Aging out is a very common and serious problem in the UnitedStates foster care system. Aging out occurs when a child reaches the age of 18.             Many times they do not graduate from high school, and thosewho do complete their education generally receive much lower test scores thenother children of the same age.

There are a variety of different reasons, allof which are directly related to their situation and their existence in thefoster care system. Children who are living in the foster care system do notexperience the same support, encouragement, and stability as their peers. Thishas an adverse effect on the education that they receive. The low qualityeducation that a foster child acquires will negatively impact their future andmay restrict them from effectively providing for them.

The primary goal of socialworkers and child protective service agencies is to establish a permanentsituation for a child who has entered the foster care system. A permanentsituation may include adoption or reunification. For all of the reasons that children get placed into the foster caresystem the main goal is reunification with their parents. At the end of the daychildren are better suited to be with biological parents or family members.Being placed in foster care is usually a last case scenario and it is aprocess. Kids are left in their families even after multiple hotlines andparents are usually given the benefit of the doubt. Foster care is intended toserve as a temporary haven for abused or neglected children who cannot safelyremain with their families. However for some children, the journey throughfoster care is characterized by further trauma and abuse; and even in the bestsituations, foster care is inherently fraught with uncertainty, instability,and impermanence.

The number of children and families who require foster careservices has grown substantially over the past two decades, and these familiesare typically contending with a multitude of complex and interrelated lifechallenges such as mental illness, unemployment, substance abuse, and domesticviolence.        Child welfare agenciesface chronic organizational challenges that undermine their ability to provideappropriate case management, services, and supports to the children andfamilies in their care. Reports of children being injured while in care thrustthe system into crisis and reaction, yet reforms in response to tragedy havegenerally failed to result in meaningful change. The social workers thatgenerally work for the state are young and right out of college. They areunderpaid and overworked so foster parents get a firsthand look at how flawedthe system is.In sum, the child welfaresystem faces daunting challenges.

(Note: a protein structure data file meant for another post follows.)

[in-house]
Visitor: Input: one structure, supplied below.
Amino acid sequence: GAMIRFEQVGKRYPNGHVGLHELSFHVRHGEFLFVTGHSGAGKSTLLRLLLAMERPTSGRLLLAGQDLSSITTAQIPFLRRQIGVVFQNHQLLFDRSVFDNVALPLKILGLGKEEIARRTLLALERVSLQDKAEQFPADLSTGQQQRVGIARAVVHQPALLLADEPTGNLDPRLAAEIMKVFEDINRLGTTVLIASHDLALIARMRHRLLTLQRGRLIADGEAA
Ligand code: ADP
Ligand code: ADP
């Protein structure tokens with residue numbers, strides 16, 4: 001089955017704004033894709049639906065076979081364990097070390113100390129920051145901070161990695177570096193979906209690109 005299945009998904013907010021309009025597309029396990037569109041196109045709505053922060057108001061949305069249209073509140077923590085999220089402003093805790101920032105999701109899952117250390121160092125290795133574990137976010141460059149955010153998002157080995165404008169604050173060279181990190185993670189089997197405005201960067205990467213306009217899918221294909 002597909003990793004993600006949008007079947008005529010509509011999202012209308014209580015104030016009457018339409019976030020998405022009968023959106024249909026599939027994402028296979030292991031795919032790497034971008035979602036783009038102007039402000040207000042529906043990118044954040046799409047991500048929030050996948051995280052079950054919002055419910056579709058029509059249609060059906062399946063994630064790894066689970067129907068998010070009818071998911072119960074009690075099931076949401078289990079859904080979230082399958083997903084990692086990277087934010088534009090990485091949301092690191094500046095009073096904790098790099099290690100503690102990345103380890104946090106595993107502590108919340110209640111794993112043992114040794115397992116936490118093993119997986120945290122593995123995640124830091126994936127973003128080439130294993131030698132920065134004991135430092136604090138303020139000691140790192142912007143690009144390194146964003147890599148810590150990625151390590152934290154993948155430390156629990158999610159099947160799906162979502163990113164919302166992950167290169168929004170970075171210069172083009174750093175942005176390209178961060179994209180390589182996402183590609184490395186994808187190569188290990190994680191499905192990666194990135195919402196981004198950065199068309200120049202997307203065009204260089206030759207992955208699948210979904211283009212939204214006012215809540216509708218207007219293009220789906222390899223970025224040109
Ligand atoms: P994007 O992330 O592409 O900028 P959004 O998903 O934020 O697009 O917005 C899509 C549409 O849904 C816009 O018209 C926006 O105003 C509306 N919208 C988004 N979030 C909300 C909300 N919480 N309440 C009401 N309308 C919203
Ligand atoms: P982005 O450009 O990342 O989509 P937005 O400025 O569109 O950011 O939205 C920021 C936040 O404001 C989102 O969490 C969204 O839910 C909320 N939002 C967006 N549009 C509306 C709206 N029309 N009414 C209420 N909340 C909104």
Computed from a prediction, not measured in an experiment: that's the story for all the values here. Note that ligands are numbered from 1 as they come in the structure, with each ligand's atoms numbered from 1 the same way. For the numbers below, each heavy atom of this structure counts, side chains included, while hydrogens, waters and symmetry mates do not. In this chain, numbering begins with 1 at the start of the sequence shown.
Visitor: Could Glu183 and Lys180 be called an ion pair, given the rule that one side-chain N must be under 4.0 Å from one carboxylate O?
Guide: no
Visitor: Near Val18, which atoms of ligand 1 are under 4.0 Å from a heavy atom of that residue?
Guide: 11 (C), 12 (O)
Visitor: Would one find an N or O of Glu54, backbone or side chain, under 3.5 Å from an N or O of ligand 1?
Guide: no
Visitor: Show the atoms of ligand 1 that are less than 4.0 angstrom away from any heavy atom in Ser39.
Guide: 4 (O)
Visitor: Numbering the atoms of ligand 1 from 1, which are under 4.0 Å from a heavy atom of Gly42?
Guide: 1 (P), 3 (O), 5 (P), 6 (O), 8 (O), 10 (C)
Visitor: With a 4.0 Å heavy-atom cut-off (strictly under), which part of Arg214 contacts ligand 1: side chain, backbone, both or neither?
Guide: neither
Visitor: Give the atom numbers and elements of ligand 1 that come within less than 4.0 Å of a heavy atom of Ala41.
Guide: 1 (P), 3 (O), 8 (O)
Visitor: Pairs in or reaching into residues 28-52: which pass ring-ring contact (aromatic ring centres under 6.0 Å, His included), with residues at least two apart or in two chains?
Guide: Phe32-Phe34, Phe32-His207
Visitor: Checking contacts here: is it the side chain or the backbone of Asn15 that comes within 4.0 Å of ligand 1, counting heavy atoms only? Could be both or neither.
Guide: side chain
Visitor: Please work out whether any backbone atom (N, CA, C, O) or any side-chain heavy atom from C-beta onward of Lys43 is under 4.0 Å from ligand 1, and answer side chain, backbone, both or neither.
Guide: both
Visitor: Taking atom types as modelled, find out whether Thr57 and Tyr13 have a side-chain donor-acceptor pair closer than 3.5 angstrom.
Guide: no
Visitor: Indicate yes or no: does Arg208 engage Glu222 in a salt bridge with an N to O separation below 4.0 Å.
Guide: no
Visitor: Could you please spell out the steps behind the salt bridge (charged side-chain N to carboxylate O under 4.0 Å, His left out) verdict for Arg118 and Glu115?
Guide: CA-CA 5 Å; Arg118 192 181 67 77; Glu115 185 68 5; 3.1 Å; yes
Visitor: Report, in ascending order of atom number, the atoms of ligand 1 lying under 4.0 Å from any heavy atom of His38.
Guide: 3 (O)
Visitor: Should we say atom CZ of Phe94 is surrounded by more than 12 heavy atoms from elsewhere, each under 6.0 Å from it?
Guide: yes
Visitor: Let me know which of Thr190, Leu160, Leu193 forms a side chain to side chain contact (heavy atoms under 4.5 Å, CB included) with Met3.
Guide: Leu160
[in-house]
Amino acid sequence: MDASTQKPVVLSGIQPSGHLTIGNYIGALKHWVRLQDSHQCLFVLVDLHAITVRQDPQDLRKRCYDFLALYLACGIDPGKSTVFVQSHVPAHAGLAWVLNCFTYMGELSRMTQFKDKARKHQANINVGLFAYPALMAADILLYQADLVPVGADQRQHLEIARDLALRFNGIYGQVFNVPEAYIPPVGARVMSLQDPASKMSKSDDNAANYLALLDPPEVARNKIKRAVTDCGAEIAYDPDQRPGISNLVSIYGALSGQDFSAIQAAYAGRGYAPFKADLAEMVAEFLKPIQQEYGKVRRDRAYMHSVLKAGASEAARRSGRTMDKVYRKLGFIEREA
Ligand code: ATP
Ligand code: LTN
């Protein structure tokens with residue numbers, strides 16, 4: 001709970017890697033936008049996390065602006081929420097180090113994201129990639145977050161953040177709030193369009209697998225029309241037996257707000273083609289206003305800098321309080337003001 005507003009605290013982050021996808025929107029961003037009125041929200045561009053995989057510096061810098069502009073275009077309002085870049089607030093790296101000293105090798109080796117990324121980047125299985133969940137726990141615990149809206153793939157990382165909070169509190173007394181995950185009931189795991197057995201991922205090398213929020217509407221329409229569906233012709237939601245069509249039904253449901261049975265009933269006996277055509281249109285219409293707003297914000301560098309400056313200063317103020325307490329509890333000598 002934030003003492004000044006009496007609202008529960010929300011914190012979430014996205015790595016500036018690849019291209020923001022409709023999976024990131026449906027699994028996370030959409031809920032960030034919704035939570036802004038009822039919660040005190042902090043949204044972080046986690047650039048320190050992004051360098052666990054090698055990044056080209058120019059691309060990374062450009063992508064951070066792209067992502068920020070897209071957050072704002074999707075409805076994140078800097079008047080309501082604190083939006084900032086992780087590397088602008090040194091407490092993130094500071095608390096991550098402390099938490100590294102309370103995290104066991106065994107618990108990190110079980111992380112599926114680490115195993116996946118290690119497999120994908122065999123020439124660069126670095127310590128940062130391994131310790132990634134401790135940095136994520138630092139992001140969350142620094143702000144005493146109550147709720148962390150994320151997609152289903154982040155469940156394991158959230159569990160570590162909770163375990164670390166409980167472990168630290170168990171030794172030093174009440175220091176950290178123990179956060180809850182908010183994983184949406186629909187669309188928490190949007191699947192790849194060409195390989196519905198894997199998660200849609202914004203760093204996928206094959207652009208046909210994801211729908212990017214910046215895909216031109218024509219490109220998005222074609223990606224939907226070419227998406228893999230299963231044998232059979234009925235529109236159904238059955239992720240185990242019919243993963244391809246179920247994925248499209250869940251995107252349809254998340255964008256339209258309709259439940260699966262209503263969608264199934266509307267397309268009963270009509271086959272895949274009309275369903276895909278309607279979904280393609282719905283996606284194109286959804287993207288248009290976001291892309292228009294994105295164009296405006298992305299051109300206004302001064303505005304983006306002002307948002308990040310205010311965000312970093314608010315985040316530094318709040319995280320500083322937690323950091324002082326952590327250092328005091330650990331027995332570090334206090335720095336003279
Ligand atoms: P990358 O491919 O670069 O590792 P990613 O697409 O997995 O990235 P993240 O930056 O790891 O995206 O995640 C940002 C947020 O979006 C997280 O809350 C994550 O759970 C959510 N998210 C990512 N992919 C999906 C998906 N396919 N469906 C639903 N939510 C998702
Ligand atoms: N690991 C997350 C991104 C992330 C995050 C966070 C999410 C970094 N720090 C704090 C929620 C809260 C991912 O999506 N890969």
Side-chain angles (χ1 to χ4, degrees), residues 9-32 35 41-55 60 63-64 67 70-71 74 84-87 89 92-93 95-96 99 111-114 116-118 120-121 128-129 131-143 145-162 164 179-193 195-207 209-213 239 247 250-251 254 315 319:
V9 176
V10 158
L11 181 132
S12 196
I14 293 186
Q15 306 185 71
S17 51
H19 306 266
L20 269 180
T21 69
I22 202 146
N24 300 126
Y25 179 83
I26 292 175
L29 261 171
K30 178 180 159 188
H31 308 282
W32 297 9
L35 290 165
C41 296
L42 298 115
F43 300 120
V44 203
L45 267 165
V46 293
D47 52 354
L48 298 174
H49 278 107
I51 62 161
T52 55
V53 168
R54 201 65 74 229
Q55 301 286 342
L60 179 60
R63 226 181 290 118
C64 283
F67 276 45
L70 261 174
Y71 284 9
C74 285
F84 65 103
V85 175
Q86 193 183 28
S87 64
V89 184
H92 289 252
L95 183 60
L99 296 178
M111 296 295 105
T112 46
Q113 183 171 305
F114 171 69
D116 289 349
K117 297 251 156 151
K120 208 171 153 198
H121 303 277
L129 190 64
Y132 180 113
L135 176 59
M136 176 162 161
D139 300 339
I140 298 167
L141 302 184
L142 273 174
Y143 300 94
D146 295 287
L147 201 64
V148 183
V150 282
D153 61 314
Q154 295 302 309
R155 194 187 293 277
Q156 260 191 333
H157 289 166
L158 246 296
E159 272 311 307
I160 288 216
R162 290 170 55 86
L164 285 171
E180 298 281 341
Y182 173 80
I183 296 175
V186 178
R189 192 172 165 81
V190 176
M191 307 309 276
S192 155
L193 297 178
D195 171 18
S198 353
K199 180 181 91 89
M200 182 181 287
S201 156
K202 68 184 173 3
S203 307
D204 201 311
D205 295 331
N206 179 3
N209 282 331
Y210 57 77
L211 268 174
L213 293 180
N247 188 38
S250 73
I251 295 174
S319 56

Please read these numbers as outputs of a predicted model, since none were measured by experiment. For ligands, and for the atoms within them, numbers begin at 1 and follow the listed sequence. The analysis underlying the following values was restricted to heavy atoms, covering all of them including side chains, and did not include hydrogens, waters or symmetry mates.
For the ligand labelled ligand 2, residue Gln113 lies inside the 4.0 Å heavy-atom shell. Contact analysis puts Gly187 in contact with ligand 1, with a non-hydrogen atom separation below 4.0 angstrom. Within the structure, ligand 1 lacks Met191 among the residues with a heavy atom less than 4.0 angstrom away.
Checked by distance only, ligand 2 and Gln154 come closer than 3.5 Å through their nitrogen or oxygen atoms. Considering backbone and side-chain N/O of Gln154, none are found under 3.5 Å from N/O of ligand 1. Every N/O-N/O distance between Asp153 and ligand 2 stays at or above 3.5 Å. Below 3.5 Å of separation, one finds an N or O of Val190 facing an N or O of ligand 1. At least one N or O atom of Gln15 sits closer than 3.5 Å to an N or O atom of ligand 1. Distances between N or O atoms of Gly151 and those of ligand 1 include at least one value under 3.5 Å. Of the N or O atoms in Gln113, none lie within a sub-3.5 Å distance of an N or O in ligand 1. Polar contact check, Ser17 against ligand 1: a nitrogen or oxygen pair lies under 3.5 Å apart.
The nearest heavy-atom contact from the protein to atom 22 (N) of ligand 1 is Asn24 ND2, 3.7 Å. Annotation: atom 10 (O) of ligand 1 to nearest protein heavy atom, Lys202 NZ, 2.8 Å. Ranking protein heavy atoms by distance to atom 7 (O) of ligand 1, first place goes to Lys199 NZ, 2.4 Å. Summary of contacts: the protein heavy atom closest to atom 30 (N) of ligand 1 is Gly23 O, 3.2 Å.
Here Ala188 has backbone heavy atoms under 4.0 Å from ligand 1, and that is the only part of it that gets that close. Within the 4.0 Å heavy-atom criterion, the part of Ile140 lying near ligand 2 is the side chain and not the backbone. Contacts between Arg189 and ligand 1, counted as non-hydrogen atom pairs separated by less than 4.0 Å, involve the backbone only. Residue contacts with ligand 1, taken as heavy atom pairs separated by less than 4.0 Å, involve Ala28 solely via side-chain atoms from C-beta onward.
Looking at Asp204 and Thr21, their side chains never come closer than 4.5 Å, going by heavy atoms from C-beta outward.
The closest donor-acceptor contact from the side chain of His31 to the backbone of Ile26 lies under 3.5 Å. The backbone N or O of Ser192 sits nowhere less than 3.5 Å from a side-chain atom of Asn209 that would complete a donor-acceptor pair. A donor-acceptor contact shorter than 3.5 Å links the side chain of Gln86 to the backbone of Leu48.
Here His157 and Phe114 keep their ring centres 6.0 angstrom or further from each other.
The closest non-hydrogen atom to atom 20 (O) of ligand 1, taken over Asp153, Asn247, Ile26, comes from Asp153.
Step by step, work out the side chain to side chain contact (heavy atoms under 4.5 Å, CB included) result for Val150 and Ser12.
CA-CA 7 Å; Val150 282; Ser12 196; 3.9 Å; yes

Not a single system at all, but a network ofmultiple intersecting and overlapping agencies. The overtaxed child welfaresystem has had to take on more children who are suffering from more complexproblems than ever before, all under the white-hot spotlight of media scrutiny.The crisis orientation that infiltrates the child welfare system can be discouragingto many hard working professionals in the field, and this is reflected in highturnover rates among child welfare leaders and caseworkers. However, crisis canalso be a window of opportunity for change.

The challenge in front of the childwelfare system is how best to capitalize on the momentum initiated by crisis,mobilize agents for change, and steer the system toward reforms that willimprove the lives of children who come into foster care.